Many soft Brexiteers continually tell us that it is perfectly possible to control immigration while simultaneously remaining a member of the internal market. They state that we could simply unilaterally invoke Article 112 of the EEA Agreement and that we would then have control of EU immigration. This is a gross oversimplification. The UK could unilaterally invoke Article 112 but the EU reserves the right to reject our application for an emergency brake. It’s worth bearing in mind that, in his so-called “renegotiation” of the terms of our EU membership, David Cameron set out to attain an emergency brake on EU immigration but was refused such a brake. I highly doubt that the very same people who refused us an emergency brake only last year with an upcoming in/out referendum on our EU membership will suddenly turn around now that we’ve left and offer us such an emergency brake. This was shown when, in the aftermath of the announcement of the EU referendum result, German Chancellor, Angela Merkel, and the then French President, Francois Hollande, offered the UK a 7-year emergency brake on EU immigration in return for our continued membership of the internal market after Brexit but the arrangement was vetoed by the President of the European Commission President, Jean-Claude Juncker (read here and here).

Liechtenstein’s process of controlling EU immigration over the years has been anything but simple, straightforward or unilateral. In the words of the BBC’s Business Editor Helen Thomas “How Liechtenstein ended up in this special situation isn’t entirely straightforward. Originally, back in the 1990s, it negotiated a side deal with the EEA, allowing it to impose restrictions on immigration. Later it invoked something called Article 112 or safeguard measures, effectively allowing those restrictions to continue. Later still, it negotiated a change to the agreement, establishing its quota system”. Josephine van Zeben, an Oxford University Fellow in EU Law, has said “There’s absolutely no reason to believe that the EEA members would give a concession such as this one [an emergency brake] to the UK, given that its demographic, social and economic situation are so different”.

Even the current Prime Minister of Liechtenstein, Adrian Hasler, has himself said said “I think nowadays it would be impossible for Liechtenstein to realise such a solution. Twenty years ago, it was different but I think when would we today negotiate such a solution, it wouldn’t be possible […] free movement is one of the pillars of EU”. The leaders of the EU and of France and Germany have constantly told us both before and after the referendum result was announced that the four freedoms of the EU (of goods, capital, services and people) are indivisible. This was also reinforced when the Swiss voted in a referendum to introduce quotas on EU immigration into the Switzerland in 2014. Since the result of that referendum, the Swiss Government has completely failed to achieve any concessions whatsoever from the EU on immigration. Even Chuka Umunna has (watch here at 11:38) admitted that the freedom of movement of people is “definitely an issue” with a “soft Brexit”.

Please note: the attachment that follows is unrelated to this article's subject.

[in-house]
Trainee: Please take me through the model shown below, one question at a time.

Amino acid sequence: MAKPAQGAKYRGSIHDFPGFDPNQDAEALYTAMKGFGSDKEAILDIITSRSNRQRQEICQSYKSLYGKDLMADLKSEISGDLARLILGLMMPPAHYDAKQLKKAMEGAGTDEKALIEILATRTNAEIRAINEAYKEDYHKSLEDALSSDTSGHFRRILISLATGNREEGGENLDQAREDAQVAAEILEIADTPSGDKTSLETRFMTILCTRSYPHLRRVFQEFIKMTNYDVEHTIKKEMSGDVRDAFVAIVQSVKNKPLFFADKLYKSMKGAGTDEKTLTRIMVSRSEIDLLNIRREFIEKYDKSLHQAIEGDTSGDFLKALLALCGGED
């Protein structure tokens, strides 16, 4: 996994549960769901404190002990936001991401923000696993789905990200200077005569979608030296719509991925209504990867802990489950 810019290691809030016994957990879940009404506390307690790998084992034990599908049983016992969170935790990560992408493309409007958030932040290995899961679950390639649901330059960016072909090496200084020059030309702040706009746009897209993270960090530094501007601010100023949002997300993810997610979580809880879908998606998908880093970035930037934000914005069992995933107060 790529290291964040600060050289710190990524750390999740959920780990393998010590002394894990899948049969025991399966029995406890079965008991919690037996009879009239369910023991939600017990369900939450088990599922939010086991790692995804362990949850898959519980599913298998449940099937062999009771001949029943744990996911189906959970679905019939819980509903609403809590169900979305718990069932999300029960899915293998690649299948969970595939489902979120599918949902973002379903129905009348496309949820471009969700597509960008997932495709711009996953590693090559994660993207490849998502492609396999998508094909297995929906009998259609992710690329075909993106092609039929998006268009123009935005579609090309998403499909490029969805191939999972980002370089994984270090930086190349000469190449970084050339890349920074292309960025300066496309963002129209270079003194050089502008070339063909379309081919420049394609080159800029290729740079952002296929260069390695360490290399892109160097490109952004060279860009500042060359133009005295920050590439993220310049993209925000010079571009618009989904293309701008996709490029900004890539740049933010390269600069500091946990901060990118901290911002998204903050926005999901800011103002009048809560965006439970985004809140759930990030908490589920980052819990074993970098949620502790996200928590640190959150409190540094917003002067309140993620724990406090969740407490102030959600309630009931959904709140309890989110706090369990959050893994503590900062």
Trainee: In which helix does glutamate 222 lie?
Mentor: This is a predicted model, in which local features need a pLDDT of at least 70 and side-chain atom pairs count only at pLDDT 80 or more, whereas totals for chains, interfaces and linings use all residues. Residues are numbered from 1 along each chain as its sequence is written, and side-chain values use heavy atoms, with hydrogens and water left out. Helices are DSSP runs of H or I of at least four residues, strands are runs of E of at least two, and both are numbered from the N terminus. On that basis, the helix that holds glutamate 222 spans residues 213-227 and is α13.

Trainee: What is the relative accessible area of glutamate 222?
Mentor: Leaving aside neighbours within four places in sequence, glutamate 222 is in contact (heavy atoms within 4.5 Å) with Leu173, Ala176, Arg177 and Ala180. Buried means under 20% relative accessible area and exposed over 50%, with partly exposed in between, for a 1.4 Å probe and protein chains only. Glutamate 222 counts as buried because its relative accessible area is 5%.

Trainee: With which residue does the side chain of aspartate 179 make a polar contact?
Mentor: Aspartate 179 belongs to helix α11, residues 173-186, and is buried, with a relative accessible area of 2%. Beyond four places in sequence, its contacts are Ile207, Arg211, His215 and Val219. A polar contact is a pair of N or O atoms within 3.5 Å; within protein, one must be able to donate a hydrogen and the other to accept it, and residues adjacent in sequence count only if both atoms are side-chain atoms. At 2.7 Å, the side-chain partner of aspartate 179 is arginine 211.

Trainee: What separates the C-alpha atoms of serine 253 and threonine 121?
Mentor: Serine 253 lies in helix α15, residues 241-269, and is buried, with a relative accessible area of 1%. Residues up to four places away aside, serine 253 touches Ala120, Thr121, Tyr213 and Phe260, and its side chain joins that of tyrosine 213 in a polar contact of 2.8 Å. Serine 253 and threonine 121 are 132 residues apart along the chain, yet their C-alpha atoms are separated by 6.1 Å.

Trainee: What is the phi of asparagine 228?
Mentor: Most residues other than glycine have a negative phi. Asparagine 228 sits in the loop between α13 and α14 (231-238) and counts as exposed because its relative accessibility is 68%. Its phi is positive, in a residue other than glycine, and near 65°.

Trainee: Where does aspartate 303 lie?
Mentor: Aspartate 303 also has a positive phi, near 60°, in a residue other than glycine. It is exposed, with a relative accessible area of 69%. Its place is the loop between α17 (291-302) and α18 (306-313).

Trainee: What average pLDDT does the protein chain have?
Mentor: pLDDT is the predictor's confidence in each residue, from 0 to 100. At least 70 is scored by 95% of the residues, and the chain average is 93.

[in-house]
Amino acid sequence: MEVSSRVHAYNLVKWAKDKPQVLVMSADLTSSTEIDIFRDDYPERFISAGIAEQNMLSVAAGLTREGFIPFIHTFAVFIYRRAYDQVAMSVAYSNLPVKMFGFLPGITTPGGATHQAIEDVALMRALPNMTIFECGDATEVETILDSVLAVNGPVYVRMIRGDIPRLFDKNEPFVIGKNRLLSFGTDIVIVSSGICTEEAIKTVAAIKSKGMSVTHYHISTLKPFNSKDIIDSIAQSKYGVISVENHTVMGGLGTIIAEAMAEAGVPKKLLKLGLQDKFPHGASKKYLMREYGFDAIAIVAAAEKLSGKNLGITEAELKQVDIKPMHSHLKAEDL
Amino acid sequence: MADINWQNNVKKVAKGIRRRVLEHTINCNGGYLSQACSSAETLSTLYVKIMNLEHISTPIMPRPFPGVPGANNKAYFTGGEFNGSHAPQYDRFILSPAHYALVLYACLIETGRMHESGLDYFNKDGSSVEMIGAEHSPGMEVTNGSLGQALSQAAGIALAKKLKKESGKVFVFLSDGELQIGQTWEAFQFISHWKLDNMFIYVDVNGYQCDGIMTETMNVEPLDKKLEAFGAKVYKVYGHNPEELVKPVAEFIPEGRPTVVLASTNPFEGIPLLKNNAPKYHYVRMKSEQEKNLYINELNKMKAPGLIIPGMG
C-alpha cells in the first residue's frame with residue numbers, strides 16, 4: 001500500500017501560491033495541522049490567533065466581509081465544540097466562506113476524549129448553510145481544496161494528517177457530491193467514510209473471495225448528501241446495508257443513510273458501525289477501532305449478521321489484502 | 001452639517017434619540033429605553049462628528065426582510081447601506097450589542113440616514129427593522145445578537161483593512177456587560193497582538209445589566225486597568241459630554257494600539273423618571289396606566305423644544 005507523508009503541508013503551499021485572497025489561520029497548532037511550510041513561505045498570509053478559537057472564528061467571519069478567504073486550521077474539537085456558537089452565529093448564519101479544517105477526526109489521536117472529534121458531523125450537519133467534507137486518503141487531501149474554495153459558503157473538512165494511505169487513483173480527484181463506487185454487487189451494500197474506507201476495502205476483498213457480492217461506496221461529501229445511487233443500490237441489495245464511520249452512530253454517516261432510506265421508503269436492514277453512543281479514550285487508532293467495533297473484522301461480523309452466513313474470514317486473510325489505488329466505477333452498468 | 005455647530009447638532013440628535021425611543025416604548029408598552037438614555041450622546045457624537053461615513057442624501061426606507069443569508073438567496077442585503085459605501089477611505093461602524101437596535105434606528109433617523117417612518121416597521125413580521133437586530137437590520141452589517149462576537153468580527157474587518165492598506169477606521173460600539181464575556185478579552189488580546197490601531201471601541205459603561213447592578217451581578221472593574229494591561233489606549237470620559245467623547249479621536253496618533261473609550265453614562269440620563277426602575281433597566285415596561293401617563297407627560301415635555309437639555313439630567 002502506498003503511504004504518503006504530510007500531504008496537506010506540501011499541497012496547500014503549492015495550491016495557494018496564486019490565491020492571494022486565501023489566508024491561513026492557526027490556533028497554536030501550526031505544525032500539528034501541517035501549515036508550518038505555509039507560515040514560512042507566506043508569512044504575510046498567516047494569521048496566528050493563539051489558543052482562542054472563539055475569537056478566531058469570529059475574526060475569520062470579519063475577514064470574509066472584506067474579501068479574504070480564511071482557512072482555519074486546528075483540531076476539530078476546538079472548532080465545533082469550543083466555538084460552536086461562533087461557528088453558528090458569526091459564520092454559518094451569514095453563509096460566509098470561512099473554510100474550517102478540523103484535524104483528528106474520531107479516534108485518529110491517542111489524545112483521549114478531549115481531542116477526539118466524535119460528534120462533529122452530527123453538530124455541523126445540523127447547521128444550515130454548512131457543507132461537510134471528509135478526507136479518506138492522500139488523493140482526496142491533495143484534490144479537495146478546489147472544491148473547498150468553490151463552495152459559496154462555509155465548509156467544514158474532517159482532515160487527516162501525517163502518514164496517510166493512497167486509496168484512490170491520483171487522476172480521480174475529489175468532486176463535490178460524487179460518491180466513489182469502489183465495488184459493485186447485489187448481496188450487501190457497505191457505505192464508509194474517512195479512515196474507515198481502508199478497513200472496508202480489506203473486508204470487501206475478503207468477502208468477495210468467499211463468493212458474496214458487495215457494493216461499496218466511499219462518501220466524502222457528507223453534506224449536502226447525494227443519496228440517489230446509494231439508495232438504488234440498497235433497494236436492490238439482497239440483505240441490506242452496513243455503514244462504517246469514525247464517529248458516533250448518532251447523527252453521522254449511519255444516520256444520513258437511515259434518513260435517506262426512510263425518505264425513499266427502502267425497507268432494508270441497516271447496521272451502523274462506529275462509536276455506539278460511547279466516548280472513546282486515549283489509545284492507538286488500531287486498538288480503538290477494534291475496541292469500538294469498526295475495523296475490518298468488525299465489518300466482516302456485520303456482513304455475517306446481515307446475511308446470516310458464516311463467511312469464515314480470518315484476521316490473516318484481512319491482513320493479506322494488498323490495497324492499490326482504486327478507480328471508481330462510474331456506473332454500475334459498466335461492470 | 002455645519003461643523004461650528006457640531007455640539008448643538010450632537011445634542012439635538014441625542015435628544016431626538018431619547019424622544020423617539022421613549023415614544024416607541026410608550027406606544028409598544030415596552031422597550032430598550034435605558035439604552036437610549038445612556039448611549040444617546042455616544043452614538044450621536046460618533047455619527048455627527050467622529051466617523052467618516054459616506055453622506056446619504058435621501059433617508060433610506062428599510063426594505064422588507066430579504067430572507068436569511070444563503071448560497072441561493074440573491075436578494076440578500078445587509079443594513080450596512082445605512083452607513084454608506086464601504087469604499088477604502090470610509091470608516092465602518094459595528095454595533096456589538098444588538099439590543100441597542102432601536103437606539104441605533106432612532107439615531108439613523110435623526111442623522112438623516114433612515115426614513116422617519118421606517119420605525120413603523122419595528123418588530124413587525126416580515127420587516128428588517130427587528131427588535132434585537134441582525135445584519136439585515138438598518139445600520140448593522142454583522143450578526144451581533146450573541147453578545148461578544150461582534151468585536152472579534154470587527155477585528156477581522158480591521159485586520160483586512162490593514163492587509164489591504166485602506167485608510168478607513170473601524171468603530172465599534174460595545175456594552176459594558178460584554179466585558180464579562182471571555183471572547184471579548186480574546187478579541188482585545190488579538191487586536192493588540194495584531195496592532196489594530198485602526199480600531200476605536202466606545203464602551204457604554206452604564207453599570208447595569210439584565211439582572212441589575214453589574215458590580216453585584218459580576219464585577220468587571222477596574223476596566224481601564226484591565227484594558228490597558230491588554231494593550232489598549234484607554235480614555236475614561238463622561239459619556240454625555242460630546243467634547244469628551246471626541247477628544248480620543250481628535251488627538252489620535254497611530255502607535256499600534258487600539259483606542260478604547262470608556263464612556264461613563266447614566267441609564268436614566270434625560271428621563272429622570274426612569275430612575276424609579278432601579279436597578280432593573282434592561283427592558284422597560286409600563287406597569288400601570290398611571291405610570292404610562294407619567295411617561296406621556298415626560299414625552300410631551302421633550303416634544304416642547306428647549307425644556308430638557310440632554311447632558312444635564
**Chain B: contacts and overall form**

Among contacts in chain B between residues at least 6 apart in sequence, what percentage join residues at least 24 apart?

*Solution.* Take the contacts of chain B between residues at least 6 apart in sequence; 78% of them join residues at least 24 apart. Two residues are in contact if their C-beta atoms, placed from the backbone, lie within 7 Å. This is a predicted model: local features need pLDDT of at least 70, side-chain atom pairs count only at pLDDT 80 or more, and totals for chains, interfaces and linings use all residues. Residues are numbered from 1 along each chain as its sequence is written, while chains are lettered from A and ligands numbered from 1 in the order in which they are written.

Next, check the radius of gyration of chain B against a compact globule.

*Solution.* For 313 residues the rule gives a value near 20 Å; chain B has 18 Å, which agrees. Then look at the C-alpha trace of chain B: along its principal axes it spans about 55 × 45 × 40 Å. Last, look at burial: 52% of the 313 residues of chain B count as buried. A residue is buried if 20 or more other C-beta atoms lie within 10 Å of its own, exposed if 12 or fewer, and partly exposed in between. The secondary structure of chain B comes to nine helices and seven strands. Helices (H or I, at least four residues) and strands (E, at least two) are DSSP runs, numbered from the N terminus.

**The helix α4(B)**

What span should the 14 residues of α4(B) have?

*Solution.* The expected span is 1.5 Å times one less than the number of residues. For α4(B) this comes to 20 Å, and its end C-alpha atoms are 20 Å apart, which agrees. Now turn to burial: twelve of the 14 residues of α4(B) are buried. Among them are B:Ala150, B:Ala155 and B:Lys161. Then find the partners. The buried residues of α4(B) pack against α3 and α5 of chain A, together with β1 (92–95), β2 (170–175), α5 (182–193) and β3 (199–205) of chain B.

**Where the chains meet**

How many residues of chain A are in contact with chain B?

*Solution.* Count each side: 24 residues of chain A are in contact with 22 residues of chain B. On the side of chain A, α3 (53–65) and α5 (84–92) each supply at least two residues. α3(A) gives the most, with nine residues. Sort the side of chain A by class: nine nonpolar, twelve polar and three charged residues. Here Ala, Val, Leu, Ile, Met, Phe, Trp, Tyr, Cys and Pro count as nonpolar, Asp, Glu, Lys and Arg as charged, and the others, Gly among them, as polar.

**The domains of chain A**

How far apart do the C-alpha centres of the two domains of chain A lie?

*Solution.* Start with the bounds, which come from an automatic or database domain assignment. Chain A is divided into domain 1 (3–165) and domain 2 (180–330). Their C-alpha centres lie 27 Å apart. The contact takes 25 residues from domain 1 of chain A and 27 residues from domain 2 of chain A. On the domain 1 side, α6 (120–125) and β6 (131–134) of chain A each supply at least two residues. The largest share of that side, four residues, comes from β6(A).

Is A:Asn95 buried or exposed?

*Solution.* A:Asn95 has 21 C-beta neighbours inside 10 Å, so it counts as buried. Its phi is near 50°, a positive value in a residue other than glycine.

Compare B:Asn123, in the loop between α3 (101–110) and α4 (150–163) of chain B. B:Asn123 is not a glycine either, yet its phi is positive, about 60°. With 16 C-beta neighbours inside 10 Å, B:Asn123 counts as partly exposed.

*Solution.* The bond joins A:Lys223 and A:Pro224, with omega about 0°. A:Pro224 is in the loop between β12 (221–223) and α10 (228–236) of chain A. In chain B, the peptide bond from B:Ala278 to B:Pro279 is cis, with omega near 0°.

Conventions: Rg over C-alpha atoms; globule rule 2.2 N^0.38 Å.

Therefore, it is clear that the UK must leave both the EU and the internal market and negotiate its own independent, bespoke and bilateral free trade agreement with the EU. This approach is entirely realistic and I explain why in my Guido Fawkes-listed article which has been re-blogged by The Conservative Online here, retweeted by Conservative MEP David Campbell-Bannerman (@DCBMEP) and shared by BrexitCentral (@BrexitCentral), the Bruges Group (@BrugesGroup), Conservatives for Liberty (@con4lib), the Libertarian Party UK, Parliament Street (@ParlStreet) and 215 others.